Common or flapper skate being measured

Endangered skate movements revealed

14 January 2020

An online resource for tracking the movements of some of the largest and rarest creatures in British waters has been expanded.

The Skatespotter website, which includes details of 1,500 critically endangered common or flapper skate, has been updated to include historic records that give an improved insight into the lives of individual fish over time.

The refresh was announced as Scotland’s Year of Coasts and Waters 2020 gets underway.

Anglers are encouraged to submit any photographs of common skate they catch and release to the database, allowing researchers working to conserve the species to identify individual fish by the distinctive spot patterns on their backs and study their movements.

For the first time, historic information from the Scottish Shark Tagging Programme (SSTP) dating back to 1975 has been added, as well as additional tagging data and photographs from Orkney, Shetland, the Outer Hebrides and Portpatrick.

The data reveals interesting details about the skate living in the Loch Sunart to the Sound of Jura Marine Protected Area (MPA) - designated to help protect the species.

Female skate are much more likely to be recaptured, because they tend to remain in the same area, while male skate are less common recaptures because they move around more. Only five males have been captured more than 10 times, compared to 17 females.

Known as Di000289, the most tracked male skate is therefore unusual, having been captured 19 times between 2016 and 2019 in the Firth of Lorn.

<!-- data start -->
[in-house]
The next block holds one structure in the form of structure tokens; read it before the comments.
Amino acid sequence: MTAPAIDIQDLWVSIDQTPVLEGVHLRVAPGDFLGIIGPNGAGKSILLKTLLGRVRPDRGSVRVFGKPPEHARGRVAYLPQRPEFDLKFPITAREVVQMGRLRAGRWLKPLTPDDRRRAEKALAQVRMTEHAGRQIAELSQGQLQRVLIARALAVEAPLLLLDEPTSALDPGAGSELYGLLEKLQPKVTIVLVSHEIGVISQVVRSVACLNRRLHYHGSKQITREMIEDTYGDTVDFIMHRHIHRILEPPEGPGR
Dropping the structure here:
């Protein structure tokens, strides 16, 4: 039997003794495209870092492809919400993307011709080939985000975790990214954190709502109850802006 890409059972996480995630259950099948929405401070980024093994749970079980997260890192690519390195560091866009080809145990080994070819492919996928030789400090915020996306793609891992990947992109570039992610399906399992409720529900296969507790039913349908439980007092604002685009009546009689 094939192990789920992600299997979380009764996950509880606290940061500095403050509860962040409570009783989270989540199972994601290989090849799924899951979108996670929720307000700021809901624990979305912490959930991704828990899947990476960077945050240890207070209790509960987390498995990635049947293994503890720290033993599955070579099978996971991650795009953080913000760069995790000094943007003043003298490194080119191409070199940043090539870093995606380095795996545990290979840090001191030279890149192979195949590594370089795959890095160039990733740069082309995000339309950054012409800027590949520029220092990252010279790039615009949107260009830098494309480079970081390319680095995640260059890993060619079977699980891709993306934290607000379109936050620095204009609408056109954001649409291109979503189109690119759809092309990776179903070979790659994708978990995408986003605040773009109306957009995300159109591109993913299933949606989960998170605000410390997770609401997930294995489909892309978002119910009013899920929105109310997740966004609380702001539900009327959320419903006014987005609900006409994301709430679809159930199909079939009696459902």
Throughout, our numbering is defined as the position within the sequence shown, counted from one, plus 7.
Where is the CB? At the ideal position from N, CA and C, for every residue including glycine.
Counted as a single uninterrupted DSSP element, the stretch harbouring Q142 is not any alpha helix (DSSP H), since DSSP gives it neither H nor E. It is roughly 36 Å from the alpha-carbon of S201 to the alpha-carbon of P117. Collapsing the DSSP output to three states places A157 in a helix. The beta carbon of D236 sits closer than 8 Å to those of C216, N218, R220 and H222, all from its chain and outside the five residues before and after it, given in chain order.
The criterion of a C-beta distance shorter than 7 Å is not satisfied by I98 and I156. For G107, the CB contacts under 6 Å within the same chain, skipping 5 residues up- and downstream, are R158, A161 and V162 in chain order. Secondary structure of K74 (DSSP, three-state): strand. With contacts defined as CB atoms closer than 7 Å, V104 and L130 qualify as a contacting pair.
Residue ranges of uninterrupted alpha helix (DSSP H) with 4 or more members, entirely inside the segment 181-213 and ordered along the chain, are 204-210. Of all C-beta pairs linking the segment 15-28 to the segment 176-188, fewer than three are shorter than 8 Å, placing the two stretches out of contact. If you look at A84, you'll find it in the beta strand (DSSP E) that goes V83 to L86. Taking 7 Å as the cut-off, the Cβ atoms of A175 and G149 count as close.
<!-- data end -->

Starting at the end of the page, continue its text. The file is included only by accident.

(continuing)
Interestingly, the data shows that there is very little movement of skate between the Firth of Lorn and the Sound of Jura in the south. Only two males and three females have moved between the two sites out of 1,500 individuals, a minimum distance of more than 30km as the skate swims.

One of these males - Di000228 - seems to have liked a change of scene, having moved between the two areas several times since 2001. The busiest traveller recorded, he was last spotted in the Firth of Lorn in 2017.

Skatespotter, which launched in 2018, is a joint project between Scottish Natural Heritage (SNH) and the Scottish Association for Marine Science (SAMS).

Jane Dodd, SNH Marine Operations Officer for Argyll and the Outer Hebrides, said: “Expanding Skatespotter to include this historical data for the first time is really exciting because it gives us lots more history for some of the individual skate.

“It helps us to build up a better picture of their movements over time which will in turn contribute to the long-term conservation of the species across Scotland.

“We rely on anglers submitting photographs to the site, and now they will be able to search the website using the SSTP number or date to learn the history of any tagged skate they catch, which hopefully reinforces the great contribution they are making to understanding these amazing fish.”

SNH and the Scottish Association for Marine Science would like to thank the Scottish Sea Angling Conservation Network for allowing access to the SSTP, skate charter skippers and anglers for continuing to submit photos and data and volunteer Sean Jones for updating the website, which is available here: https://skatespotter.sams.ac.uk

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